Background: Previous research has identified that many patients admitted into acute hospital stroke units have communication-related impairments such as hearing, vision, speech, language and/or cognitive communicative impairment. However, no research has identified how many patients in acute hospital stroke units have difficulty actually communicating their healthcare needs. The World Health Organization’s International Classification of Functioning,Disability andHealth (ICF) conceptualizes difficulty communicating about healthcare needs as a type of activity limitation, within the Activity and Participation component. The ICF proposes that activity limitation can be measured in four different ways. Aims: The first aim of this research was to measure a patient’s difficulty communicating his or her healthcare needs, that is, activity limitation, in two of the four ways suggested by the ICF when interacting with healthcare providers. The second aim was to investigate whether communication-related impairments in hearing, vision, speech, language and/or cognitive communicative impairment predict difficulty communicating healthcare needs, measured in these ways. Methods & Procedures: A total of 65 patients consecutively admitted into two acute hospital stroke units in Melbourne, Australia, who consented to this research participated in this study. Early in their admission participants were screened for hearing, vision, speech, language and cognitive communicative impairment. Participants were also assessed for difficulty communicating about healthcare needs in two ways proposed by the ICF: ‘capacity with assistance’ and ‘performance’. Relationships between communication-related impairment and both capacity with assistance and performance were explored through Spearman’s correlations and binary logistic regression. Outcomes & Results: A total of 87% of patients had one or more communication-related impairments. Half of the patients (51%) had difficulty communicating their healthcare needs when assessed in terms of capacity with assistance. Slightly more patients (55%) were observed to have difficulty communicating their healthcare needs when assessed in terms of performance. More severe vision, speech, language and cognitive communicative impairment were significantly associated with more severe difficulty communicating healthcare needs. onclusions & Implications: About half of the stroke patients admitted into acute hospital stroke units had difficulty communicating their healthcare needs. Patients with more severe communication-related impairments had more severe difficulty communicating their healthcare needs. Future research is needed to understand the other factors that influence communication between people with communication disabilities and their healthcare providers in acute hospital settings.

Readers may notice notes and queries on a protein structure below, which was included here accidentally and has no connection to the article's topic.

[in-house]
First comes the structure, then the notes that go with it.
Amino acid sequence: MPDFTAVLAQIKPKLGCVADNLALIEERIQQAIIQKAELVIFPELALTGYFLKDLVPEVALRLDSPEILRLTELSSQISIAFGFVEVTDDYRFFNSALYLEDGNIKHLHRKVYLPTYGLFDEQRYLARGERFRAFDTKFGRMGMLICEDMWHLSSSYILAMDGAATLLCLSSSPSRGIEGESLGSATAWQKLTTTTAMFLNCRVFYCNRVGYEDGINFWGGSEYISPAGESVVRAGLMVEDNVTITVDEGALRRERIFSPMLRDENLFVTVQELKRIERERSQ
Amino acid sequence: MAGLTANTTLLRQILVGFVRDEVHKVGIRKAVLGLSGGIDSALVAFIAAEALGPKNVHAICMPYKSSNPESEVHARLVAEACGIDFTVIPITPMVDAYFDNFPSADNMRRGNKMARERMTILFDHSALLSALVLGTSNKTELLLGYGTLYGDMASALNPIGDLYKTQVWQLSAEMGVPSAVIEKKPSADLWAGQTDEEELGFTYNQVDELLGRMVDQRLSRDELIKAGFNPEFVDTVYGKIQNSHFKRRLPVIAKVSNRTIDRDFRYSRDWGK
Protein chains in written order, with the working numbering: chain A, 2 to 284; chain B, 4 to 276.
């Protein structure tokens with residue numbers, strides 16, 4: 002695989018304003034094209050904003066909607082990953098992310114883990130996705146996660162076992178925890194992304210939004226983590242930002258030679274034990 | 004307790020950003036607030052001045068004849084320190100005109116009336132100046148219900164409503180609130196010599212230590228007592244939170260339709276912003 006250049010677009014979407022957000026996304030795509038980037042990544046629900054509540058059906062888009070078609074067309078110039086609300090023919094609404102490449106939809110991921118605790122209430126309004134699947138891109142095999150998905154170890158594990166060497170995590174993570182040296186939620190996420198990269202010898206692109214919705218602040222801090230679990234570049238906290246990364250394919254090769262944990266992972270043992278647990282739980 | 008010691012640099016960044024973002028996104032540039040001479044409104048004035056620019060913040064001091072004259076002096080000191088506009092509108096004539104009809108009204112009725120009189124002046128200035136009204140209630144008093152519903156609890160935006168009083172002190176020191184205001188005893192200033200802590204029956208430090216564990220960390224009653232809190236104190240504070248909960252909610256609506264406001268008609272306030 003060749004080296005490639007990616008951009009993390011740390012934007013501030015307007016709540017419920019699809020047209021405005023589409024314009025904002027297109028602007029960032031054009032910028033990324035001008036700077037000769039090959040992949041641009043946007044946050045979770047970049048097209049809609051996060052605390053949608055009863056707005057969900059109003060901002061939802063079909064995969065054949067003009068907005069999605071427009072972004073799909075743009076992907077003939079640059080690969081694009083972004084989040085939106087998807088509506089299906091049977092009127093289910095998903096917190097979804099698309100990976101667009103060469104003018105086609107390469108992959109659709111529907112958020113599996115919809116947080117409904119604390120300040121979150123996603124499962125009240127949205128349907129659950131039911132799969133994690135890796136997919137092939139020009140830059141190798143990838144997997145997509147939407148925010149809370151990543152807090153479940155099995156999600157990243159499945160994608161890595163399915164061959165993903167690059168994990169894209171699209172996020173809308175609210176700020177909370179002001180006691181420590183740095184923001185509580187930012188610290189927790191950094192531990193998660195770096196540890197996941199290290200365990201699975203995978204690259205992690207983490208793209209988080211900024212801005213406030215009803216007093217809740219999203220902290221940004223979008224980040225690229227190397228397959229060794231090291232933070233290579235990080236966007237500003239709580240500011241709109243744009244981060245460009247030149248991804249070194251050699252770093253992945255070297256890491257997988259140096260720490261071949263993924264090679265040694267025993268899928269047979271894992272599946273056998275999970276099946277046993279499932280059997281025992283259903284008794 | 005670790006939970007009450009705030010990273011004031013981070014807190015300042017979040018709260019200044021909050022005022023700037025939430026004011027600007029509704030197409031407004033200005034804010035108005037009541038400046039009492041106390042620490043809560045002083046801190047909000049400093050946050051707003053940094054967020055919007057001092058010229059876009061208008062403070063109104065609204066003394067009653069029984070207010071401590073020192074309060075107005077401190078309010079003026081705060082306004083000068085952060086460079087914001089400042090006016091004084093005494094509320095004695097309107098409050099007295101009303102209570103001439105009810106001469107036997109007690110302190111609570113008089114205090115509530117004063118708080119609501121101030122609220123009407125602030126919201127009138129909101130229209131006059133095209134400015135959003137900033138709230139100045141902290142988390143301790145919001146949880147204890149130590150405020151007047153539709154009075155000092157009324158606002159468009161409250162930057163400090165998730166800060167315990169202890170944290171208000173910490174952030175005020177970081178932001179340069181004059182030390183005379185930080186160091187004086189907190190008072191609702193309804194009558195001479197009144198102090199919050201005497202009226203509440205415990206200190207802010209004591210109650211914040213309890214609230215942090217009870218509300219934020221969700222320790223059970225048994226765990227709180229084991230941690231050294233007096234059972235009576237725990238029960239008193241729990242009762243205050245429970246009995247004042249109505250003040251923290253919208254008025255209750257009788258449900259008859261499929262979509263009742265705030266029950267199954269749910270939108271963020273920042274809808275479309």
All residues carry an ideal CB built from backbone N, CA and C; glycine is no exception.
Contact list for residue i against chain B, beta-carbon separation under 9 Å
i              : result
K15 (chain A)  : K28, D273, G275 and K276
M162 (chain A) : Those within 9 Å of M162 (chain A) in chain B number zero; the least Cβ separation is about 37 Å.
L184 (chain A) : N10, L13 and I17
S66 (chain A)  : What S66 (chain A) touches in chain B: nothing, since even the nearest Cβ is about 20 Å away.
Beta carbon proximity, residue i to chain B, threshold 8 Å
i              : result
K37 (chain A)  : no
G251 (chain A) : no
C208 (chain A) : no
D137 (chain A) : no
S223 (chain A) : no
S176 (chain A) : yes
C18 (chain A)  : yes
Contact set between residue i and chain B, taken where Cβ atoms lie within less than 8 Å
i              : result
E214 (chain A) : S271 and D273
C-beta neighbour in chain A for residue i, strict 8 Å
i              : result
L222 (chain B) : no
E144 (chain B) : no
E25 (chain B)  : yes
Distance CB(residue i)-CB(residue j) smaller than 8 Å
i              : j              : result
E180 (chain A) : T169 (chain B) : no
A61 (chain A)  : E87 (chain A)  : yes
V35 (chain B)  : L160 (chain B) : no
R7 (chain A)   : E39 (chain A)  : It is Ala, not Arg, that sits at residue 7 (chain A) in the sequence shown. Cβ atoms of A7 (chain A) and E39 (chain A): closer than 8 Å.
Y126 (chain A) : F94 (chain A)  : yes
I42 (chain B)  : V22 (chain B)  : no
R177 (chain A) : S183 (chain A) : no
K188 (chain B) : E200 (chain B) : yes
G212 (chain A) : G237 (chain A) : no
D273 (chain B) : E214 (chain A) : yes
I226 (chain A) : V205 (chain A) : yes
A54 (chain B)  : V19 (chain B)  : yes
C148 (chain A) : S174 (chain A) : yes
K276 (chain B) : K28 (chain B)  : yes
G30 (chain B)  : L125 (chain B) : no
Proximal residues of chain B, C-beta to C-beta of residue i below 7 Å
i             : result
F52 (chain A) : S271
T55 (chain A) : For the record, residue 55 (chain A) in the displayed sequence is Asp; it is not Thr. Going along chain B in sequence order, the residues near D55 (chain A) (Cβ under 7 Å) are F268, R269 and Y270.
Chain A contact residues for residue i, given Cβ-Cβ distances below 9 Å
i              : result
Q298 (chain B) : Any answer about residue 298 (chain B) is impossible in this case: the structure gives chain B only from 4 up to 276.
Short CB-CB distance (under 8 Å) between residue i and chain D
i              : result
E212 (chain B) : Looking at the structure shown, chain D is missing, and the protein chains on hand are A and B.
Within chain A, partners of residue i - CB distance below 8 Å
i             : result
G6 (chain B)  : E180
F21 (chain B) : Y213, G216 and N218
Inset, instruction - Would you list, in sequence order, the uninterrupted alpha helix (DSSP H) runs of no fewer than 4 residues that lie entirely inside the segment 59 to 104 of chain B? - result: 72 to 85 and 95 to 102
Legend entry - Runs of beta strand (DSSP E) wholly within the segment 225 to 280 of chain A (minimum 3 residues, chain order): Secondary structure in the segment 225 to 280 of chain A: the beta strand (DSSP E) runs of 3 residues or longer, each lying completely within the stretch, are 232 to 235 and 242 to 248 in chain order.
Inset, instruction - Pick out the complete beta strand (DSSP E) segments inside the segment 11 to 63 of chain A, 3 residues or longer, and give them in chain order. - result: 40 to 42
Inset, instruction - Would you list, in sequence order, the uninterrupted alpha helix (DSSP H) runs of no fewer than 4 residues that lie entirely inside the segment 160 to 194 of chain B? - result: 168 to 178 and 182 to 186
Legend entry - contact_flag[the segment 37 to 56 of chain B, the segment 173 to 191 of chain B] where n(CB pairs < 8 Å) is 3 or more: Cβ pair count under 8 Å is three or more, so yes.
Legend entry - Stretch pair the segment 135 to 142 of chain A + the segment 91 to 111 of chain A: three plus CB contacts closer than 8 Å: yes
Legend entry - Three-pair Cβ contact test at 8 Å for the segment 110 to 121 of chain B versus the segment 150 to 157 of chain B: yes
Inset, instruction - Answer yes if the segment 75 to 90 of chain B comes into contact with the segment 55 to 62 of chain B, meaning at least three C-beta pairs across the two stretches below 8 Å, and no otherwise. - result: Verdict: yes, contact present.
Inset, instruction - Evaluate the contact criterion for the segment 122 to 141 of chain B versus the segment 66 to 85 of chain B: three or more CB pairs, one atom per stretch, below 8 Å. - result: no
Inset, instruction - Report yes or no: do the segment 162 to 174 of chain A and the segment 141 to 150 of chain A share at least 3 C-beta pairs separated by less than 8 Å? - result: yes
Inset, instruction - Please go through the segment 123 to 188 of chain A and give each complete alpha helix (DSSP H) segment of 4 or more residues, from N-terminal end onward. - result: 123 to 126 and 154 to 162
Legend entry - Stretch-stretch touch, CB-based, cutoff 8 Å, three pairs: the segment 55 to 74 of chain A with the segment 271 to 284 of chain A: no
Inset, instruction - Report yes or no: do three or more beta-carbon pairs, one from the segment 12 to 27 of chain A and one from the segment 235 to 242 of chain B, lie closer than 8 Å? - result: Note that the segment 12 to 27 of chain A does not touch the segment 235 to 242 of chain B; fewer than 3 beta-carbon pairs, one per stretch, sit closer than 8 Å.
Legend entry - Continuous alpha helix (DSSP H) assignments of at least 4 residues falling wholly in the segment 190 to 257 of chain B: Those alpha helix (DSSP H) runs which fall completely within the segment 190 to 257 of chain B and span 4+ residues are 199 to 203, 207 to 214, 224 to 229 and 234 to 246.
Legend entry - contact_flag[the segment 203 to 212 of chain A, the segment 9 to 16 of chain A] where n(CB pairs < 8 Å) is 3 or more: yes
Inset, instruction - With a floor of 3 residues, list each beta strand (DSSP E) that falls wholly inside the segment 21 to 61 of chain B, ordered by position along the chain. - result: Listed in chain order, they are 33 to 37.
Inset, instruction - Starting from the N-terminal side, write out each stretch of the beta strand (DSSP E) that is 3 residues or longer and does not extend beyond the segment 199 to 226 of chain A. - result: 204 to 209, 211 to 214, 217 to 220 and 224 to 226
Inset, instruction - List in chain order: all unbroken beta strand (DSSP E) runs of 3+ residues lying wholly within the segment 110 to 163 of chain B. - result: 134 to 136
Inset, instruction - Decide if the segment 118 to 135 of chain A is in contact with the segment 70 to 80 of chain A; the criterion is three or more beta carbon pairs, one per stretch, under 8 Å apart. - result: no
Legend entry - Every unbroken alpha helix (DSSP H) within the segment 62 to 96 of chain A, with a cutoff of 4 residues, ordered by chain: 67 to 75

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This is the peer reviewed version of the following article: Stroke patients communicating their healthcare needs in hospital: a study within the ICF framework / Robyn O'Halloran, Linda Worrall and Louise Hickson. In: International journal of language & communication disorders, 47(2): 130-143, 2012. which has been published in final form at http://dx.doi.org/10.1111/j.1460-6984.2011.00077.x (Please note: access via this link may only be available with a subscription).